The biggest electoral threat to PDP today is Peter Obi and his Labour Party and he was frustrated out of PDP by the man crying for justice today. The man even went to Obi’s home state of Anambra where he was a Governor for eight years to cajole and mock him. Virtually all critical persons like governors who left the party had issues with the overbearing influence of this so-called today’s victim. The scenario in the party now is akin to a story of two cheats claiming to be shortchanged at the loot-sharing stage. What would the robbery victim (South-East) do but laugh at the duplicitous nature of politicians?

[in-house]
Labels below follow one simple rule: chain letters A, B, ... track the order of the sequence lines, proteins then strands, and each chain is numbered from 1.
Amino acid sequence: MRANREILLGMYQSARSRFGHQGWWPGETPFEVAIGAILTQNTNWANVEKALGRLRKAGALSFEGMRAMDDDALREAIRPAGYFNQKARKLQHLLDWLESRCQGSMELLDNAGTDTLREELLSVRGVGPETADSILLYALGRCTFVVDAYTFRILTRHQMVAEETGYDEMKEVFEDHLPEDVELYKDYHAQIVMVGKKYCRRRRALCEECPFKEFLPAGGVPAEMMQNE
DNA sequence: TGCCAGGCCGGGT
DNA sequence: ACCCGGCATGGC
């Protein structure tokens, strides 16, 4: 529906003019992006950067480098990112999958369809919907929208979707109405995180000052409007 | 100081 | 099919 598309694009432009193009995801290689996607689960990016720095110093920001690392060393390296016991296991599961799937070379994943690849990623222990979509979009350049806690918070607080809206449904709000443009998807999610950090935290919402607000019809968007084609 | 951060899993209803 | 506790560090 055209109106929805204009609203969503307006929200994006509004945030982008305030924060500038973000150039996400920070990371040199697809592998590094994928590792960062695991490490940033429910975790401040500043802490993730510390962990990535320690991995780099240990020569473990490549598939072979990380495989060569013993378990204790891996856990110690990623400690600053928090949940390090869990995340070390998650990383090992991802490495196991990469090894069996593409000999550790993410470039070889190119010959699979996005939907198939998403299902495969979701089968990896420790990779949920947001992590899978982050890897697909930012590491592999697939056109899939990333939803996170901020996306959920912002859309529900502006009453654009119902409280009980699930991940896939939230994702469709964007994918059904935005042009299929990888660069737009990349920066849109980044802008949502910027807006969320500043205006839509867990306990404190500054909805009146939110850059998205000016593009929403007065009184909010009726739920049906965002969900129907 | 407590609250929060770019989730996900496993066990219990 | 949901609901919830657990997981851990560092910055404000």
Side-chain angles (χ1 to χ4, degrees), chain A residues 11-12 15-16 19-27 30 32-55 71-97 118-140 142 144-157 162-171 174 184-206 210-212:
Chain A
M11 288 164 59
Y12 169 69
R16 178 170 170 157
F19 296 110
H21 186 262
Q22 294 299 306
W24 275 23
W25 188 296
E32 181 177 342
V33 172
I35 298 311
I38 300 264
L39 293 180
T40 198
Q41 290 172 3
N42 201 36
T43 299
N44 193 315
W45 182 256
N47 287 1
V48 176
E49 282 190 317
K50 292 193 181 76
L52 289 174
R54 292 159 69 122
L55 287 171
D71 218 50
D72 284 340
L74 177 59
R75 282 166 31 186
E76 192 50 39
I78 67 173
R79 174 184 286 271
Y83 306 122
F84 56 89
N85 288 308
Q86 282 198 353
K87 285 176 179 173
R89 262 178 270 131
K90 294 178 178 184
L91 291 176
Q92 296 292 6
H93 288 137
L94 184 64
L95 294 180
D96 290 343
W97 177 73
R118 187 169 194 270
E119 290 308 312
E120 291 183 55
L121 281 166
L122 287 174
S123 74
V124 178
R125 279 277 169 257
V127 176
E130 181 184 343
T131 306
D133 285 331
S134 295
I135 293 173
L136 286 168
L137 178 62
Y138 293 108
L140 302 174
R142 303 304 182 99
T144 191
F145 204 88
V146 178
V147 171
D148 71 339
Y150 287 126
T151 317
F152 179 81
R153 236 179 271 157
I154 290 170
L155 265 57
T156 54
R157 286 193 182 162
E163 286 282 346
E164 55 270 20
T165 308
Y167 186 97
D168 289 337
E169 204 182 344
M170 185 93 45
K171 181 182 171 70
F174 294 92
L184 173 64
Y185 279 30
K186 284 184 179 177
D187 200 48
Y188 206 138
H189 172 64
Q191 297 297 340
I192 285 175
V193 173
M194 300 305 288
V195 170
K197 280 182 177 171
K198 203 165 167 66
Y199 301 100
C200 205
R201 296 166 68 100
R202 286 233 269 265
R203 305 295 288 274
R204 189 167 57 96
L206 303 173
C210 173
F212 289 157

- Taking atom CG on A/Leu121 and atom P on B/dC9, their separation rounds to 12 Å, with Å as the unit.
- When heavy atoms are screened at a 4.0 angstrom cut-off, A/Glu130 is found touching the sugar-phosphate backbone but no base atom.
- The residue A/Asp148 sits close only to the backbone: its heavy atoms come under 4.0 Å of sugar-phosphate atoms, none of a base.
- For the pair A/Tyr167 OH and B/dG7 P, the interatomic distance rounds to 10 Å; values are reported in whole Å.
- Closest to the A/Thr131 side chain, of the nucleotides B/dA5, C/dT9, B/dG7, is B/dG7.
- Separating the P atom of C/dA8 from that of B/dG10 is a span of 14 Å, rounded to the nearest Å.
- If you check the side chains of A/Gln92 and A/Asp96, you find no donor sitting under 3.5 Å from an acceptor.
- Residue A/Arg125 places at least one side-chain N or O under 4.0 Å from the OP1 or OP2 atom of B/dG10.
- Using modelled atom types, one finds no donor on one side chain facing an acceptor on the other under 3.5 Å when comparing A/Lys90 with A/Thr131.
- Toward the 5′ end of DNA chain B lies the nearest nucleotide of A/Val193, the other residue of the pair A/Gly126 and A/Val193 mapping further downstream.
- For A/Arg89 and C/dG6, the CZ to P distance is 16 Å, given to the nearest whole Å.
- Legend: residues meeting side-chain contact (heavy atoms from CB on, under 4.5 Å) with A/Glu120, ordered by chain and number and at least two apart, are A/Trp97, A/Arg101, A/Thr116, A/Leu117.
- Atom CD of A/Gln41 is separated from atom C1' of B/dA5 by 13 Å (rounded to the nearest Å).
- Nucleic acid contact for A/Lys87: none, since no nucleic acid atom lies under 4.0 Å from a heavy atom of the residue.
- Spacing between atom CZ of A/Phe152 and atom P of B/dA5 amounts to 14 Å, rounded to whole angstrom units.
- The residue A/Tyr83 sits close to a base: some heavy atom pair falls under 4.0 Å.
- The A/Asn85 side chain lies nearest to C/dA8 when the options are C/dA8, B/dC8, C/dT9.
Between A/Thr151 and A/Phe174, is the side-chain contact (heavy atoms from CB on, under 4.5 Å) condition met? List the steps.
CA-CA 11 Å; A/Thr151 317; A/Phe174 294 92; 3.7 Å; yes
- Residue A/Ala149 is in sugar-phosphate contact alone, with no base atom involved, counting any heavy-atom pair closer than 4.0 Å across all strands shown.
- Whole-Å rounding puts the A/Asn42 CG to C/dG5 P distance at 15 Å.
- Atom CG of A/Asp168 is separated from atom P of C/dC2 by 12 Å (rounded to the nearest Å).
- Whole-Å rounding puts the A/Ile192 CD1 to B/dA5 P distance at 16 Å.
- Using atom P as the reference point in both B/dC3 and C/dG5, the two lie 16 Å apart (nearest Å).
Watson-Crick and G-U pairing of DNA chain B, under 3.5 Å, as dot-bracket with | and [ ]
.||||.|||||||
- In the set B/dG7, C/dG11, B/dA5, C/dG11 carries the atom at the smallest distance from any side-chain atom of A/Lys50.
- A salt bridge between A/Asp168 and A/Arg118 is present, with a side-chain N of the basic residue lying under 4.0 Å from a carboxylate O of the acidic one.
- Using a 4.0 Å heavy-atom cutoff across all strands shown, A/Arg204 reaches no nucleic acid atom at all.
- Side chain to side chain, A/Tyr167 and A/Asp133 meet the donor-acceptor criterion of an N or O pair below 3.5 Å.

If therefore the PDP is thinking of reconciliation which it needs to be able to make an impact in 2023, it should probably not bother the South-East because the region appears to have moved on. It has accepted the fate of being thrown out of marriage after 23 years. But in looking inwards for peace, any workable reuniting should start with Prince Secondus who was shabbily treated and whose matter is still in the Supreme Court.  I doubt if there is anybody with a hand in the ouster of Prince Secondus who is not in regret now, including, of course, the chief financier and his beneficiaries. In seeking peace among the aggrieved members ahead of 2023, the PDP must embrace the fact that peace does not mean the absence of war but the presence of justice and fairness. 

May God help us.